It is not often that a cardinal goes to the circus, but it was not the first time for Polish Cardinal Konrad Krajewski, prefect of the Dicastery for the Service of Charity, to attend and to invite 2,000 poor to the famous Roman venue.

Polish Cardinal Krajewski invited the poor Feb. 11 to be entertained and forget, even for a brief moment, about life difficulties they endure.

What made this year's outing at the circus even more memorable is that the papal aide agreed to participate in what is called "passaggio della morte" -- "the passage of death" -- meaning that he laid down on the stage and let an elephant step over both him and two Ronny Roller circus performers.

"They asked me to join the stage performers, chanting my name in the circus," Cardinal Krajewski said in a voice message sent to OSV News.

The prelate is a much-loved cardinal among the poor of Rome. Any homeless person on the streets of the Eternal City recognizes the priest in a simple black jacket.

Since 2013, when Pope Francis asked then-Archbishop Krajewski to be his almoner, he's built showers for the homeless right next to the famous Bernini colonnade and transformed a Vatican-owned palace -- historical tenement house right off St. Peter's Square -- to a shelter.

The prelate, whom the pope named a cardinal in 2018, regularly dines with homeless people in his Vatican apartment. Cardinal Krajewski also coordinates food distribution to the poor of Rome and made headlines in 2019 for climbing down a manhole and turning on power in the building where it had been turned off for a week because the residents could not afford to pay the bills.

"Gospel is my law," he said at the time, rebuking criticism that he broke the law. The poor call him Don Corrado, Italian for Father Konrad.

"In the circus they started shouting: Don Corrado, Don Corrado, to encourage me to come to the stage," Cardinal Krajewski told OSV News in his voice message.

"I did not volunteer, and did not lose my mind," he joked.

In 2018, Pope Francis and Cardinal Krajewski were criticized by animal rights groups for inviting 2,100 poor people to the circus; they said the gesture involves the exploitation of nature's weakest creatures, Reuters reported.

This time the circus entertainment also sparked criticism from an international animal protection organization known as by its Italian initials as OIPA: "It's unfortunate that the pope is sponsoring the circus with animals," Massimo Comparotto, president of OIPA, said, as quoted by Il Messagiero. The organization is fighting against the use and abuse of animals by circuses.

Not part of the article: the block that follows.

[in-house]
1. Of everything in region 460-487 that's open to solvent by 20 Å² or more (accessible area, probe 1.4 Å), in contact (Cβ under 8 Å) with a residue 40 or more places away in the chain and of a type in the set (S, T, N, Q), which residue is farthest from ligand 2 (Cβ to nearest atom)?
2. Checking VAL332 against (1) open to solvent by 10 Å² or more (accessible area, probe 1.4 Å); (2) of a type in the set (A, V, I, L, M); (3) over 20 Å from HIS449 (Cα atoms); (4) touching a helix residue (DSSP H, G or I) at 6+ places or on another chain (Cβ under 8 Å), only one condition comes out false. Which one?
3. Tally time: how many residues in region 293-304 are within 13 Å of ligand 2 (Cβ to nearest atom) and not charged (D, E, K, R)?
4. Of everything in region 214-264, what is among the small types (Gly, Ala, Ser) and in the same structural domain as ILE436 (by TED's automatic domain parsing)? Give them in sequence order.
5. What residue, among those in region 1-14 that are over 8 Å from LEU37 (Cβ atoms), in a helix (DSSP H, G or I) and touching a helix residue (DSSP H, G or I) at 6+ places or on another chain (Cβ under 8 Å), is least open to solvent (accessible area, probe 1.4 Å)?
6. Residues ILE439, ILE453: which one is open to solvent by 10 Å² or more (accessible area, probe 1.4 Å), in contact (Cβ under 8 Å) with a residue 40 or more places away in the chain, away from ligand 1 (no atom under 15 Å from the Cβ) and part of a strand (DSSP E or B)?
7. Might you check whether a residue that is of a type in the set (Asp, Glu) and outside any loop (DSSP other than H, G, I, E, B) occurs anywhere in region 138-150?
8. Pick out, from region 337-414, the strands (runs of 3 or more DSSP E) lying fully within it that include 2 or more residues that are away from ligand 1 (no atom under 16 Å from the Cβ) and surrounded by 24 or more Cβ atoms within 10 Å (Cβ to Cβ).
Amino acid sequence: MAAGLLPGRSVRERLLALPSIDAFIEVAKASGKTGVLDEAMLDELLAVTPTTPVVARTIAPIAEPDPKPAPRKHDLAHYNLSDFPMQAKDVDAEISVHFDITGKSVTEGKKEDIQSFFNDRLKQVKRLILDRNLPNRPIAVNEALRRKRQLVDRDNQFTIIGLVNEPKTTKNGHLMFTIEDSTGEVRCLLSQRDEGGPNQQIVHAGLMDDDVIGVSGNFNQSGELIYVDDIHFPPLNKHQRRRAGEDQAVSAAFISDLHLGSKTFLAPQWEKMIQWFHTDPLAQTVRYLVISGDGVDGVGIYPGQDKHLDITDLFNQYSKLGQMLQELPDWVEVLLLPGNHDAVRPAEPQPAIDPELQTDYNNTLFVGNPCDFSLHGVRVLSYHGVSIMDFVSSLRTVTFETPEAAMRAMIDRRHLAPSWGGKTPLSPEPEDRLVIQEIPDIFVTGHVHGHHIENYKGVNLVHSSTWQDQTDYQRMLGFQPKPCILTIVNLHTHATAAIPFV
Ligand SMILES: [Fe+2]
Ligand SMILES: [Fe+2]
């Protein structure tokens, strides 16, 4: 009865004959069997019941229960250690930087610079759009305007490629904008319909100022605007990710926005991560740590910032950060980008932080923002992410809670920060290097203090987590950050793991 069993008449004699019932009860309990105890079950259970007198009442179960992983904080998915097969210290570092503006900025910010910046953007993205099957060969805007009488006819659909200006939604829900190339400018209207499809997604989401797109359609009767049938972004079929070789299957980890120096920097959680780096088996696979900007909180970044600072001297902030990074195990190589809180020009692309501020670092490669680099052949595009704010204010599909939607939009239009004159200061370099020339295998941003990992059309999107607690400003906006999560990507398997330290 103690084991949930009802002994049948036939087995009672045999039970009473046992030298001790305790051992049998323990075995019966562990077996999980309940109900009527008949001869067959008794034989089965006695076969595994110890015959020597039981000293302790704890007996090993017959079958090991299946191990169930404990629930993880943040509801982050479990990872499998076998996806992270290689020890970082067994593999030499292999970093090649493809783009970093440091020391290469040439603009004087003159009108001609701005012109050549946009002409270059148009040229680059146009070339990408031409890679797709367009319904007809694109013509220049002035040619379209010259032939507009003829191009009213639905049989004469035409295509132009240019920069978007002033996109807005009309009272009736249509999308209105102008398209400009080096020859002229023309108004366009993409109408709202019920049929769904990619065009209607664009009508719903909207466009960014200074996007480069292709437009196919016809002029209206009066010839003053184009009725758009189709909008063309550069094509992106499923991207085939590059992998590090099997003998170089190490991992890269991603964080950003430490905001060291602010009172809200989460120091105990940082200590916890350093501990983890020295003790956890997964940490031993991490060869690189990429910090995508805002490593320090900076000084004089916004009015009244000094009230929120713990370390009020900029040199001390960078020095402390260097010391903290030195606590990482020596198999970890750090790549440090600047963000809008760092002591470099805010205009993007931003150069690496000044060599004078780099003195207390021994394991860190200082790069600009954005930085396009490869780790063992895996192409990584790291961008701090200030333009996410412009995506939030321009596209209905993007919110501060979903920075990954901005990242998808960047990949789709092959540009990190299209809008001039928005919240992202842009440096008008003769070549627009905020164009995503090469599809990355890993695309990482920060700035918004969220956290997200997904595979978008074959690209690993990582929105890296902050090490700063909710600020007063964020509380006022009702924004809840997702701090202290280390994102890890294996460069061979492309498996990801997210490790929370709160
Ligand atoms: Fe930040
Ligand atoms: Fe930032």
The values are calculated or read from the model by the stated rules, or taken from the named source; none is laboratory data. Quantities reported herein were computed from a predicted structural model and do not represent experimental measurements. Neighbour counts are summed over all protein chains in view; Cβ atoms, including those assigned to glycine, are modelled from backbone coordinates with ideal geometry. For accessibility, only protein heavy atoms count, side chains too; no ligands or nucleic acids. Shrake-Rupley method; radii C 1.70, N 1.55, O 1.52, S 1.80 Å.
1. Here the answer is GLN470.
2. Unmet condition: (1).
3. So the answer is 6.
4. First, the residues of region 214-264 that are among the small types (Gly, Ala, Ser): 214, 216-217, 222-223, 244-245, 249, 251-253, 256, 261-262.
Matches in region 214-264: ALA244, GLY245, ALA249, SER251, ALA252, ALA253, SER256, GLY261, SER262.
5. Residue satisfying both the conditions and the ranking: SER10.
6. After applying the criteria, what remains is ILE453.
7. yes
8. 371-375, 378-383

Explaining why he again chose this form of entertainment, Cardinal Krajewski said, "The circus offers a different look at life -- what is impossible in human terms, is possible in the circus."

"And it shows the poor people that many things in their lives are possible -- overcoming a disease, addiction, overcoming the fact of being a constant fugitive -- which is often the case of the poor," the cardinal said.

Among homeless people, refugees -- including adults and children -- and squatters present at the circus were 150 prostitutes. Krajewski said it's important also for them to know that there is nothing impossible for God, and that "they can overcome their life challenges as well."

Referring to the scene with the elephant, papal almoner said in a message to OSV News that "sometimes we do silly things to make our children laugh. We do it for those we love. I love the poor. It brought them joy, and I don't care what other people will later say of me."

The Office of the Papal Almoner, renamed the Dicastery of the Service of Charity in 2022, is a charitable arm of the Vatican. It spent $10.7 million in 2022 for charitable works, of which $2.2 million alone was for Ukraine.

Cardinal Krajewski personally went to Ukraine five times in 2022, bringing closeness to the nation under Russian invasion, but also funds for dioceses, parishes and religious orders, thermal clothes and other supplies.

"We help hospitals, monasteries, foundations that care for the needy and poor," Cardinal Krajewski told OSV News.

Anyone who needs supplies or money asks the pope and nuncios around the globe, and parish priests throughout Italy check out the cause, and "when the cause is accepted, we help," the cardinal told OSV News.